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Anaerobic bacteria in wounds

About microscopic forms of life, including Bacteria, Archea, protozoans, algae and fungi. Topics relating to viruses, viroids and prions also belong here.

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Anaerobic bacteria in wounds

Postby SysBio » Sun Mar 22, 2009 4:57 am

I read somewhere that anaerobic bacteria are commonly found to infect wounds.

Can someone explain why that is? I didn't think that blood was a super anaerobic environment...ie. dont the red blood cells carry oxygen?
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Postby futurezoologist » Sun Mar 22, 2009 11:43 am

My best guess: Inside recent wounds you don't get much blood flow as capillaries are cut, therefore low concentrations of oxygen.
It also depends on the type of anaerobe- Faculative, obligate or aerotolerant. Not all anaerobic bacteria are obligates(will die when exposed to oxygen). They can be faculative(can use oxygen if present) or aerotolerant(name says it, dont use oxygen at all but can survive in it).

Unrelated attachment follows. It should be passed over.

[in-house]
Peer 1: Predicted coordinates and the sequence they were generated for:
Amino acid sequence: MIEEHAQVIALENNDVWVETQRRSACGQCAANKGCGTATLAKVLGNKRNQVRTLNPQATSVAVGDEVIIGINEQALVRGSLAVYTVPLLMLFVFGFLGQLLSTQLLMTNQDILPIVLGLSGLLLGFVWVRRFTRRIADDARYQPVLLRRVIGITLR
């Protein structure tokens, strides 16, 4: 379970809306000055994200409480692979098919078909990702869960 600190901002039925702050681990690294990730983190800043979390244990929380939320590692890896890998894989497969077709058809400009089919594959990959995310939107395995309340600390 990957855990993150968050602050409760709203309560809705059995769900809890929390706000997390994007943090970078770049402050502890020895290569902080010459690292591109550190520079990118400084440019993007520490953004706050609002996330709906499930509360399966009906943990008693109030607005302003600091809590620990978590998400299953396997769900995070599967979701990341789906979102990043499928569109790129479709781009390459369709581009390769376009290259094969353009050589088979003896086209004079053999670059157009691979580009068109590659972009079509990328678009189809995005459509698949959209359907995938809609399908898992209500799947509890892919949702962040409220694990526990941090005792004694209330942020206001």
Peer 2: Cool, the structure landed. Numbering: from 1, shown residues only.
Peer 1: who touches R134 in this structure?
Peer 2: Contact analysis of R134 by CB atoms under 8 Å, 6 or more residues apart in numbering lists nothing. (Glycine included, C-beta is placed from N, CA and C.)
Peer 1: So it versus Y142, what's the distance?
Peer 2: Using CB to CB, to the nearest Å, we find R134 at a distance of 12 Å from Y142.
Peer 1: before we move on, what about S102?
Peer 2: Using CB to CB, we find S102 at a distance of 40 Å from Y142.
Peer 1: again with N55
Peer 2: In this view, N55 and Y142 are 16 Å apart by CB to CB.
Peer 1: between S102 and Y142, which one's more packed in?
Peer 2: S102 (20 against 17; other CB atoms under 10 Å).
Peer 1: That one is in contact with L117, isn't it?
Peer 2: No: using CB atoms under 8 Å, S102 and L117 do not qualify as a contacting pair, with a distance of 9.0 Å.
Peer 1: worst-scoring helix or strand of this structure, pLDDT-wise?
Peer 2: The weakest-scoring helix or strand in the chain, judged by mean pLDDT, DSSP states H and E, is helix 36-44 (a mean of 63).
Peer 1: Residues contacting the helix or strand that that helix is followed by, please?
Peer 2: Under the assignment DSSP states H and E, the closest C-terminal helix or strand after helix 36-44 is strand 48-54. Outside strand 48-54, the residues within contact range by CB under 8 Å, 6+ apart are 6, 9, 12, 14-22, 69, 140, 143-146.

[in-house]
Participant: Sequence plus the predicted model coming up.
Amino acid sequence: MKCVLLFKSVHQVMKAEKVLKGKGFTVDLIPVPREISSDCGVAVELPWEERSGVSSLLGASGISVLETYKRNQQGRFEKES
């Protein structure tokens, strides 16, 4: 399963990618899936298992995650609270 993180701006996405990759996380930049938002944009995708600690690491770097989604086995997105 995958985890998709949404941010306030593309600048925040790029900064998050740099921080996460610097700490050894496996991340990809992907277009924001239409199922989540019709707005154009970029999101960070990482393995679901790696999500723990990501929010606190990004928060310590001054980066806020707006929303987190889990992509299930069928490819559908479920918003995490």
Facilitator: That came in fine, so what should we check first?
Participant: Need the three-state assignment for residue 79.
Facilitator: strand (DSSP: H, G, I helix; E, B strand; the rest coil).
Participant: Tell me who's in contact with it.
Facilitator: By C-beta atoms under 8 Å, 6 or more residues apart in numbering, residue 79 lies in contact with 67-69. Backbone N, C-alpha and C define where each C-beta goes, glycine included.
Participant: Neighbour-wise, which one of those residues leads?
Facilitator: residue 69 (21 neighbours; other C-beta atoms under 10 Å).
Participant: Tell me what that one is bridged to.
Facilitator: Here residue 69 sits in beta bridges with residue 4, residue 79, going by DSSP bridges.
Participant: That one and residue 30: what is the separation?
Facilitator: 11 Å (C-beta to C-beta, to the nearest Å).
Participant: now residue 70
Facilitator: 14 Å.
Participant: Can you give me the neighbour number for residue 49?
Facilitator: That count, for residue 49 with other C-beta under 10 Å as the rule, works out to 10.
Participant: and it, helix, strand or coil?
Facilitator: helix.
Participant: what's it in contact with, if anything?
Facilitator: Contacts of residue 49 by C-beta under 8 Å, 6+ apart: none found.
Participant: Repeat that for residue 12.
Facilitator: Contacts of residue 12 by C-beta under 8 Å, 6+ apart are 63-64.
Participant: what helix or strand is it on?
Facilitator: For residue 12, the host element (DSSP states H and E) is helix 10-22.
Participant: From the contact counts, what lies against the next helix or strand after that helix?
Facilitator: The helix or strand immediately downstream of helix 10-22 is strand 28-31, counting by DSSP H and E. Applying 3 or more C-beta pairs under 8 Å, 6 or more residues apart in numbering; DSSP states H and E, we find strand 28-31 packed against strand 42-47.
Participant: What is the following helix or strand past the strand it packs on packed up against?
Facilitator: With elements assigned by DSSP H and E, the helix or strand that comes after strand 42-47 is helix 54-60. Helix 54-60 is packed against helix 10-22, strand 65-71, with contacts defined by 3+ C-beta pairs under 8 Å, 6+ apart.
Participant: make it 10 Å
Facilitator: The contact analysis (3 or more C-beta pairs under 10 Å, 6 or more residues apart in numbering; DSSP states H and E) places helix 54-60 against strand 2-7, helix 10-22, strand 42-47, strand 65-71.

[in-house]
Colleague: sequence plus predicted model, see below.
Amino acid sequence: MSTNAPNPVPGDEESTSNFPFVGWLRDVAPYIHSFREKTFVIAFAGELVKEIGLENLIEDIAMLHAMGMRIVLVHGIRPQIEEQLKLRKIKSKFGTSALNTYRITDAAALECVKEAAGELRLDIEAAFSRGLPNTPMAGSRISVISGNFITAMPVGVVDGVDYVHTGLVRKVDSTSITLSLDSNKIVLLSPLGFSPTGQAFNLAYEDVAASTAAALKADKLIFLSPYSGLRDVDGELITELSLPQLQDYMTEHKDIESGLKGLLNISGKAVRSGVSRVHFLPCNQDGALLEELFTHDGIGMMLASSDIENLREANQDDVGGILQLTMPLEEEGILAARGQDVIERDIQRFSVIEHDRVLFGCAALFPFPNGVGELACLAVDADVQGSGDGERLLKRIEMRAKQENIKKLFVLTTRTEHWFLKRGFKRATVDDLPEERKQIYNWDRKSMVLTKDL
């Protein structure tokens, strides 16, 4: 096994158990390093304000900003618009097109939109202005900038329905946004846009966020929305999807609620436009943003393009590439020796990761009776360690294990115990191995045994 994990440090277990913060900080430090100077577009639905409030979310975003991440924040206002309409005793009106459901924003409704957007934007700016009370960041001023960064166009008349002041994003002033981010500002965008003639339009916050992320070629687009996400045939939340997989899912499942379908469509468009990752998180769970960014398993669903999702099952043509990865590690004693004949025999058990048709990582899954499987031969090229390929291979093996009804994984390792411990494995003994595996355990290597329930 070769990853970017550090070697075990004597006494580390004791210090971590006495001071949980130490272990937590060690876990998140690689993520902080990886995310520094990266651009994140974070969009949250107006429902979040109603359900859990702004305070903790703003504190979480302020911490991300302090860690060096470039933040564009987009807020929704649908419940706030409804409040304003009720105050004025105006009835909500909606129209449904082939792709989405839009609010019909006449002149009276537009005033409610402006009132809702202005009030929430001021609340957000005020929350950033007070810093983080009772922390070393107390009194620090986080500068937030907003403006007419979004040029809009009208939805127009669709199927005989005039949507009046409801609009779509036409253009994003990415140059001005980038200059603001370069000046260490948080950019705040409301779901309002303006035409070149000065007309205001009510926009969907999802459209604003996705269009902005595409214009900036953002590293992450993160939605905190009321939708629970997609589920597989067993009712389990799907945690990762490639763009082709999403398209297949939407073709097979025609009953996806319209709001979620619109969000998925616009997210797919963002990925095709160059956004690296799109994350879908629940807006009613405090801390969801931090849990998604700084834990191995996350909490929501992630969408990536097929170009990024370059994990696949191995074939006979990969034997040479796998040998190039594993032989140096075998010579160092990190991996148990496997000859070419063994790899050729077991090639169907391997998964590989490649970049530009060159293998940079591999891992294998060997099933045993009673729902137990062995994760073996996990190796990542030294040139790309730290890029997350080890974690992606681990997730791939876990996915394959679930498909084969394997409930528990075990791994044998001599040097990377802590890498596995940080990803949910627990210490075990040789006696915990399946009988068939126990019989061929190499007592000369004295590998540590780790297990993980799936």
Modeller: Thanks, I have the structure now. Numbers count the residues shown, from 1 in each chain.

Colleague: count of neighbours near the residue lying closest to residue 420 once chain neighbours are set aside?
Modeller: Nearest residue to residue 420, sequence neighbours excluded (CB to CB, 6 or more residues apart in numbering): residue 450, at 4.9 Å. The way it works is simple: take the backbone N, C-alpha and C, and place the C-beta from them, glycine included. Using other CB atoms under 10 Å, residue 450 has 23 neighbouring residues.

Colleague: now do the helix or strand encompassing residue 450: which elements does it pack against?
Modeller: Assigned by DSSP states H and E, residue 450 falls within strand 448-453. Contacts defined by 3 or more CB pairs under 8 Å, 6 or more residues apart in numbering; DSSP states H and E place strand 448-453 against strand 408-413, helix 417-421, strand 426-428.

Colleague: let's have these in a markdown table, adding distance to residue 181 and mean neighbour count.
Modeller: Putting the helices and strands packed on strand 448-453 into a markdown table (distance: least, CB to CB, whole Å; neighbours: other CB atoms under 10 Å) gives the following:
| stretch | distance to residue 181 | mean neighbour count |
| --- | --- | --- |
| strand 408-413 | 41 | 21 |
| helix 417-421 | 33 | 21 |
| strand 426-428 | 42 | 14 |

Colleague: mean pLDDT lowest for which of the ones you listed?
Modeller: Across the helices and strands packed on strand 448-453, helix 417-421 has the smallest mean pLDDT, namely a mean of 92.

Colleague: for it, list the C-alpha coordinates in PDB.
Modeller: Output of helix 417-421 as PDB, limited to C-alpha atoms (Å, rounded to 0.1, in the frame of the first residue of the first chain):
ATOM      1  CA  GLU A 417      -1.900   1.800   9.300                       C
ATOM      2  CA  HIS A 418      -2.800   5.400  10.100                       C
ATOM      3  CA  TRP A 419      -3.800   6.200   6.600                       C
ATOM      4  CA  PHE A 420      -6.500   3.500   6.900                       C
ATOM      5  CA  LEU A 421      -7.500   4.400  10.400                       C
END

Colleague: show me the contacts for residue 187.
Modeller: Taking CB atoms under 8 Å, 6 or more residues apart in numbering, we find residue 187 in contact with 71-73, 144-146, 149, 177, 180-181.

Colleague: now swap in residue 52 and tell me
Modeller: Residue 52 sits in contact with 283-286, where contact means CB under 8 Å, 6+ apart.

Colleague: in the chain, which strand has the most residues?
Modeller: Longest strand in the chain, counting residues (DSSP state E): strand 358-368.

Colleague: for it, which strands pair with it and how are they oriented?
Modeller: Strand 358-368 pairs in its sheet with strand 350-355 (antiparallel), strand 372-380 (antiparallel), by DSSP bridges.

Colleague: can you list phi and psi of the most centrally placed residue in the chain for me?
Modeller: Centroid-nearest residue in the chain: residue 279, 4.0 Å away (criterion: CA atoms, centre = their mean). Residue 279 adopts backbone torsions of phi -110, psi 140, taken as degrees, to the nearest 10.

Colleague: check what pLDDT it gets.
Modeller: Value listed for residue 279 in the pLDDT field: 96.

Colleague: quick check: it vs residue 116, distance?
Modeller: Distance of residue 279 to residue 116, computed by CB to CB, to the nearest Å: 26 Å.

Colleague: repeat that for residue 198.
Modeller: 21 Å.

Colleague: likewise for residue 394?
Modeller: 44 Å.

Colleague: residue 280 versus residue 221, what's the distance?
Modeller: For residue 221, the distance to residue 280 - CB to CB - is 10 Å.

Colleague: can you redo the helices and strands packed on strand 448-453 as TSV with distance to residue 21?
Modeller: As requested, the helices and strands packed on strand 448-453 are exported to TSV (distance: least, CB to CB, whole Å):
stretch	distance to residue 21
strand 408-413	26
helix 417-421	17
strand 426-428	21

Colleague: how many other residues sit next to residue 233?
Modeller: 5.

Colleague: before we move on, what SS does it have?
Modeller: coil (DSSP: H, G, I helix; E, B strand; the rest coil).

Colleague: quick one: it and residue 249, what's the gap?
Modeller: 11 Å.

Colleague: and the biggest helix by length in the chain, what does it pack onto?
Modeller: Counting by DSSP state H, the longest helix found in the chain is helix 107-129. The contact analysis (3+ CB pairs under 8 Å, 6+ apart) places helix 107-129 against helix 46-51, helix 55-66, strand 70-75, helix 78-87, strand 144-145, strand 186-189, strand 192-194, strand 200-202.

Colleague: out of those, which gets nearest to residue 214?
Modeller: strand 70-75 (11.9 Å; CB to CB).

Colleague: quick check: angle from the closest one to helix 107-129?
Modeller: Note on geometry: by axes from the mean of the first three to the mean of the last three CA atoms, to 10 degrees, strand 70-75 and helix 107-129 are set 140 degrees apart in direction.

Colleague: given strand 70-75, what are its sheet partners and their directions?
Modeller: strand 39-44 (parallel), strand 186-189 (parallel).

A wise man once said to me:
"Build a man a fire, and he'll be warm for a day. Set a man on fire, and he'll be warm for the rest of his life."

Only the fittest chickens cross the road.
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Postby Sepals » Mon Mar 23, 2009 11:47 am

Obligate anaerobes are able to infect deep wounds, tissues and organs which are poorly oxygenated.
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Re: Anaerobic bacteria in wounds

Postby SysBio » Mon Mar 23, 2009 3:15 pm

makes sense....basically: wounds become poorly oxygenated environments

thanks for the replies
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